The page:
“In the beginning was the Word, and the Word was with God, and the Word was God. He was with God in the beginning. Through him all things were made; without him nothing was made that has been made. In him was life, and that life was the light of men. The light shines in the darkness, but the darkness has not understood it.”

I think I'll read some more. Not much else to do at the moment.

I called Elsbeth today and asked if I could help out more regularly at the charity shop. She was reluctant, concerned for my health, but I insisted. There is no point clinging to a sinking ship when you can have one last decent swim before drowning.

Day 79

Now what?

Most of my must-do-before-I-die list is done, apart from finding a home for Harry and doing the dishes. Jojo's wedding is this weekend, but after that, nothing.

I'm feeling fairly ok, the cough is manageable, so perhaps I should raise my sites a little?

I can't just sit here and wait to die.

Day 78

Rain, rain, rain, and when it wanted a bit of variety it decided not to bother and rained some more.

I forgot my laptop.

The boat motor wouldn't start despite our best efforts.

All in all a bit of a disaster. Life rarely turns out as planned so why should I be surprised? Change is the only certainty.

On the bright side Elsbeth and I had a wonderful time together - this was a good test of our young relationship, being holed up together with very little to occupy ourselves. We chatted, played board games (Andrew is a bit of a collector), and cooked a couple meals together.

The weather eased up a bit yesterday and there was time to visit my parents' grave before returning. Cemeteries are not the cheeriest of places, particularly when the skies are dismal, but I was glad to find that the grave site had been tended to. I left some flowers and stood a while, saying good-bye. It felt a bit odd because in a sense it ought to have been "see you soon".

I had wonderful parents. I've already sung my mother's praises but Dad, when he was able, loved doing things with me, his one and only son. One of my favourite memories is spending a morning with him, making a miniature raft, fully kitted with rudder, sail and family crest. We launched it that evening, as the sun set, his arm around me, strong and quiet. Mum brought her men hot chocolate and a biscuit to celebrate.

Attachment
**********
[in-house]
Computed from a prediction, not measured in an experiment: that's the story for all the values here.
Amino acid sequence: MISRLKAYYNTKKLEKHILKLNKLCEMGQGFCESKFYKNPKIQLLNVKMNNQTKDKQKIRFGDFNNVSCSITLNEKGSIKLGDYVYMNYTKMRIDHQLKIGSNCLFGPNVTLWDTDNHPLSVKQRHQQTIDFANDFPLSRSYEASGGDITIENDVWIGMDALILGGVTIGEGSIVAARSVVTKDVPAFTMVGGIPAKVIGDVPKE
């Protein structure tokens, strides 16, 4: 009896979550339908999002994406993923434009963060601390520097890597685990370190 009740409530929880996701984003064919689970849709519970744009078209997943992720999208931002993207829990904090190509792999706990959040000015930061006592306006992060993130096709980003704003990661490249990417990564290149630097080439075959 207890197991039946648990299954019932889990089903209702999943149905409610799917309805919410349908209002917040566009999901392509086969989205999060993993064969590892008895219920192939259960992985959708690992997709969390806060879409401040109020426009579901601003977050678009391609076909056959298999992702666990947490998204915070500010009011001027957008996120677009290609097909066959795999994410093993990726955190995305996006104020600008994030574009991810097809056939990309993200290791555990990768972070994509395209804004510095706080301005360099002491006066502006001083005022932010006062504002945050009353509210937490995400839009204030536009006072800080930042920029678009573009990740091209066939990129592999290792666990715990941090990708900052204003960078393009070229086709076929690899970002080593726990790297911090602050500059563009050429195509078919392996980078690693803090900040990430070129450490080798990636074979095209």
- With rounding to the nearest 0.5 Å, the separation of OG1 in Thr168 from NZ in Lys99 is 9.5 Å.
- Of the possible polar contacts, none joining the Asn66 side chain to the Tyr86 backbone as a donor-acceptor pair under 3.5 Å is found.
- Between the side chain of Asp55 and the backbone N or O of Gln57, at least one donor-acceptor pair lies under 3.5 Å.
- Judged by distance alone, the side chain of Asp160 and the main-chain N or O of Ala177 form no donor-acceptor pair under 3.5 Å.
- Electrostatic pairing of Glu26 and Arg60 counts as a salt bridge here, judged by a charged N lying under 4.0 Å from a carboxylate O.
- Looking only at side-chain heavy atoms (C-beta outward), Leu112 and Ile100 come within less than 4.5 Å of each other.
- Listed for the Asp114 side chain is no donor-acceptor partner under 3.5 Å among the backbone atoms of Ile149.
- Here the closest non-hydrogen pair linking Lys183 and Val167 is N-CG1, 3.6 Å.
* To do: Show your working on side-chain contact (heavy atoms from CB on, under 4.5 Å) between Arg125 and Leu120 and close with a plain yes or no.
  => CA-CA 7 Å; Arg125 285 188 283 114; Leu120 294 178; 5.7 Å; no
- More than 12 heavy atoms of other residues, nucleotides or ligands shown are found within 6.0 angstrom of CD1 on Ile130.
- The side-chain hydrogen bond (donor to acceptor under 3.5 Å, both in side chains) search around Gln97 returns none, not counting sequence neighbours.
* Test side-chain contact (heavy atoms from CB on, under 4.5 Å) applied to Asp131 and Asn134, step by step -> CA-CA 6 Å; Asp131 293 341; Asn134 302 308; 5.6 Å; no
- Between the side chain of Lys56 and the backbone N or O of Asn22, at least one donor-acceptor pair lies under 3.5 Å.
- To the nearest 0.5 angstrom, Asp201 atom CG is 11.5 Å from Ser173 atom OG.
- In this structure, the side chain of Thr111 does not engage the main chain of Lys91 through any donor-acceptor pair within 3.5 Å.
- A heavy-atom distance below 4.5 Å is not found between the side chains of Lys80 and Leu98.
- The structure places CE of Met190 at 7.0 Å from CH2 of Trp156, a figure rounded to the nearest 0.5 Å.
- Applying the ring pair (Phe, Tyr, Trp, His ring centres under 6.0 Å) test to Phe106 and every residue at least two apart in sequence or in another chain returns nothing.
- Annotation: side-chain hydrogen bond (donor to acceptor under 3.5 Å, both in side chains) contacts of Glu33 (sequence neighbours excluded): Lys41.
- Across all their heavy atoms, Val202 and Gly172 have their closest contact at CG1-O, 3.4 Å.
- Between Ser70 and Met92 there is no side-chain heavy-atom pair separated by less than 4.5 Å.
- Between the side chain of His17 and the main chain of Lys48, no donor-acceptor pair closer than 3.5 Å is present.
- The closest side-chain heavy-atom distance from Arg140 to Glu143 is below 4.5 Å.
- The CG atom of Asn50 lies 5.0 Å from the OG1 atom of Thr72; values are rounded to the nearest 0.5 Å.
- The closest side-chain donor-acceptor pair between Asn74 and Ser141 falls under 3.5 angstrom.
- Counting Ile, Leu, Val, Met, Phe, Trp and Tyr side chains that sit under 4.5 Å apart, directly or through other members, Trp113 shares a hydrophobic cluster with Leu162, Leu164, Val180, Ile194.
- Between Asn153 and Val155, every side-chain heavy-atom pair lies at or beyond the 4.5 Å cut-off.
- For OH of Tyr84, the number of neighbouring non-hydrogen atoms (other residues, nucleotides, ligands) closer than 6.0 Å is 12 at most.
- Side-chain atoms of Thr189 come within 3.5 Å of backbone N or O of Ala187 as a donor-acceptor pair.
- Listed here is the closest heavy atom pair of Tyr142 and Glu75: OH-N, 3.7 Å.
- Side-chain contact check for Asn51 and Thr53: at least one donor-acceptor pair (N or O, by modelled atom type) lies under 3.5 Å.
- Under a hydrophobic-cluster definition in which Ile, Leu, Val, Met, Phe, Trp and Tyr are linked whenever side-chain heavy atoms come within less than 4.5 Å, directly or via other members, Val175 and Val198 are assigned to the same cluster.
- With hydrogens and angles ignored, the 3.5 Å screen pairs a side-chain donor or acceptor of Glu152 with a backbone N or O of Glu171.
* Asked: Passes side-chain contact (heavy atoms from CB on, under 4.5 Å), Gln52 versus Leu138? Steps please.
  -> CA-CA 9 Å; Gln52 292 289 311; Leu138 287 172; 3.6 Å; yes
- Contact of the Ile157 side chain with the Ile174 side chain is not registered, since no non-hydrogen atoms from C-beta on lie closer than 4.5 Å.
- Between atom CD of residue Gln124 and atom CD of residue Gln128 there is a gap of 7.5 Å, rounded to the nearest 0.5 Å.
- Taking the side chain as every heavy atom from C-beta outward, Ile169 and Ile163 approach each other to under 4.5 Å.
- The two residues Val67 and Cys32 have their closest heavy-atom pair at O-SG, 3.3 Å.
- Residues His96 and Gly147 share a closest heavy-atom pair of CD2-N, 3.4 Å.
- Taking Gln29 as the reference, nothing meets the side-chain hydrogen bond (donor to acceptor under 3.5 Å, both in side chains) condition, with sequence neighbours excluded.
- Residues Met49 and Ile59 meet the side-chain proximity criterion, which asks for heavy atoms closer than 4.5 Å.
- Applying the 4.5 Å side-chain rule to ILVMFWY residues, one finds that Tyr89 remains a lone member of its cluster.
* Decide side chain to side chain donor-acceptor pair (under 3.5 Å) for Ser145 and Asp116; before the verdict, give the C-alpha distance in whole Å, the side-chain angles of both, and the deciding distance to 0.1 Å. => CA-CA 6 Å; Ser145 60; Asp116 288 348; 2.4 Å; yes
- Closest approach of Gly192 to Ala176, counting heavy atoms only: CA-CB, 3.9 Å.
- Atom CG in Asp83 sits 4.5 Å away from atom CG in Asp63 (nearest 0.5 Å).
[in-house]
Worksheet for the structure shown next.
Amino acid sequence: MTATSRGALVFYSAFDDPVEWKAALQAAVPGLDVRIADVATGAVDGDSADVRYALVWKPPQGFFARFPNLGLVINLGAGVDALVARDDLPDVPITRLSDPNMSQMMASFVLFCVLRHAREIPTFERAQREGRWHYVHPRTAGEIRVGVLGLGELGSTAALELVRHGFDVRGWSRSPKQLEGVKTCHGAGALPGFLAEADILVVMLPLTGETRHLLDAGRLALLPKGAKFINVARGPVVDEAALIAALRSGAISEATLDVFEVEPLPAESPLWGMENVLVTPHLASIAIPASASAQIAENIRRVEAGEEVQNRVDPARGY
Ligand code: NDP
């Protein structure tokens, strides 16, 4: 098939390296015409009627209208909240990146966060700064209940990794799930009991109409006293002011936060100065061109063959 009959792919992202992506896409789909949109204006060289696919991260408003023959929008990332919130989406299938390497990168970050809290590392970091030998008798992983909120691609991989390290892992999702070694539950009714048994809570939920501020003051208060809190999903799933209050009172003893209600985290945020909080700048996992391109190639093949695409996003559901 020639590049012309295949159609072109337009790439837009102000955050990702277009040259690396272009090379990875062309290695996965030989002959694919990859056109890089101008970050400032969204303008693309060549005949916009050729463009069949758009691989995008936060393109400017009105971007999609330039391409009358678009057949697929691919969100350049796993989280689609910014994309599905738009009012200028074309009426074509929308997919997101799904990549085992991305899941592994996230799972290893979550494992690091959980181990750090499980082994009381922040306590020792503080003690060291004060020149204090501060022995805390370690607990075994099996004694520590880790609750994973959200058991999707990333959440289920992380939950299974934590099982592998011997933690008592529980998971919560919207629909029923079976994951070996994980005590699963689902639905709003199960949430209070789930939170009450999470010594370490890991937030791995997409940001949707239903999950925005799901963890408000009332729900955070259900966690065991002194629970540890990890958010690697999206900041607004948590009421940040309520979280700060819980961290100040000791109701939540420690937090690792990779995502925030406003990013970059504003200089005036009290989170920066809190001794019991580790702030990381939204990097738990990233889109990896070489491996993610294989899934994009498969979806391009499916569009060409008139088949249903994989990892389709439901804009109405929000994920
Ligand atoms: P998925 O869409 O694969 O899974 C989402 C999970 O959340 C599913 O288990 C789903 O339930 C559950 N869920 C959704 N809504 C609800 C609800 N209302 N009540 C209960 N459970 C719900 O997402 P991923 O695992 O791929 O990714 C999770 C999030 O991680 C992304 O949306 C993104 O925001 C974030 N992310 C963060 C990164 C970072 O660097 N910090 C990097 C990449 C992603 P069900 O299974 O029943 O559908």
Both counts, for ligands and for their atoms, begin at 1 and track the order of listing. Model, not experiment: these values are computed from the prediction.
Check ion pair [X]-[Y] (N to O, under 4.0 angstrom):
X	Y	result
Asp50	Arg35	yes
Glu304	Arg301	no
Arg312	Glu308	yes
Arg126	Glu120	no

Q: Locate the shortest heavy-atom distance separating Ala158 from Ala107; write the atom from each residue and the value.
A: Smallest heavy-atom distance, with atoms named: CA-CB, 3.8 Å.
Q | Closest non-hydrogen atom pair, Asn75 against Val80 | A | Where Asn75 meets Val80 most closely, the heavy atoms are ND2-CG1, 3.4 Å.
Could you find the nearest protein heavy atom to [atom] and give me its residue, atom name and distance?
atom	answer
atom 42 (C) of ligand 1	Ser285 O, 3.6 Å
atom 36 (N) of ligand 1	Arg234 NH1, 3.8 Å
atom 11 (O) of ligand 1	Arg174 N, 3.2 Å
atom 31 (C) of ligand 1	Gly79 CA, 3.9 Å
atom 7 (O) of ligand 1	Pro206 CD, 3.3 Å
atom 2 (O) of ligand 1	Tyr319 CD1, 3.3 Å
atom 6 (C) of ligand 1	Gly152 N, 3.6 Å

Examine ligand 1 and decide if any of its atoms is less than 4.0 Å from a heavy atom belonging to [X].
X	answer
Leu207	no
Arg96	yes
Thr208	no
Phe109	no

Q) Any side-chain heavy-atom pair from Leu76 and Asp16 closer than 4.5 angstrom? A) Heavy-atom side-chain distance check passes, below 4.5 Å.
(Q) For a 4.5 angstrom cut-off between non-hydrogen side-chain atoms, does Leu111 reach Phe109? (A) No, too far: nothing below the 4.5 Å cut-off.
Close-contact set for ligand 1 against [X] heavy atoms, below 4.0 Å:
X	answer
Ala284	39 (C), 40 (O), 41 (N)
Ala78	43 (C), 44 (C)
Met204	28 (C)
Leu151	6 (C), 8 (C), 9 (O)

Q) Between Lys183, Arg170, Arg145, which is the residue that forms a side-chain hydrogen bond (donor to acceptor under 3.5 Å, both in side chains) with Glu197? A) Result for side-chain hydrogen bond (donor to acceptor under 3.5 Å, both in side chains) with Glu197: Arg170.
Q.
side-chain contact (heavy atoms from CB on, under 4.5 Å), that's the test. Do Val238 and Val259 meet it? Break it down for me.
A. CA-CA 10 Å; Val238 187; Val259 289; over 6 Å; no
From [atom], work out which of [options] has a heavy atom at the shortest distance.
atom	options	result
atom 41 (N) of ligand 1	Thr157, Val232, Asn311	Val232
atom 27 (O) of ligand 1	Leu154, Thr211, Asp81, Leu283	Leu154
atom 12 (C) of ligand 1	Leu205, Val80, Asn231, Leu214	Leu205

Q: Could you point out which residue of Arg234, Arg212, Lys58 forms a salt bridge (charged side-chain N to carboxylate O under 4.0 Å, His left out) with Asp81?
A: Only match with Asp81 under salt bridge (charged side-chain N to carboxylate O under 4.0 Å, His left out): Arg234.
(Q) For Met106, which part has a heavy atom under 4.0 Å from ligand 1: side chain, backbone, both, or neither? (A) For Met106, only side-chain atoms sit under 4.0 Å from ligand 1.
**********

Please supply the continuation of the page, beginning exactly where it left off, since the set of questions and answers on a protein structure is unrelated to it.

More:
I'd love to see them again.

P.S. The couch proved to be very comfy.

Day 75

Packing today for my trip with Elsbeth tomorrow to Stokesby in Norfolk, my home. Andrew has graciously let us use his cottage and boat for a few days.

I'm a little worried about the sleeping arrangements.  There is no question that Elsbeth and I will share a bed so hopefully the couch is comfy.  Its not that I don't want to, but its not time, and anyway Elsbeth would not before marriage.  Marriage?  If only...

I don't have much to pack: some warm clothes and Dave's laptop which goes everywhere with me these days.  We leave early in the morning from Liverpool Street station.

Harry will be alright for a few days - I'll leave him a large bowl of dry cat food.

I have not looked forward to anything like this for many, many years.  I'm like my daughters used to be on Christmas eve.  How we battled to get them to bed, excited little bundles that they were.

I remember one Christmas finding a note in Liesel's stocking: "Santa, are you real?"  I found some gold paint and answered in the affirmative.  These days you could get locked up for child abuse for filling children's heads with such "nonsense".  Very sad.

Day 74

Spent most of today with Elsbeth, sitting in her lounge chatting, reading, staring out the window while she pottered about.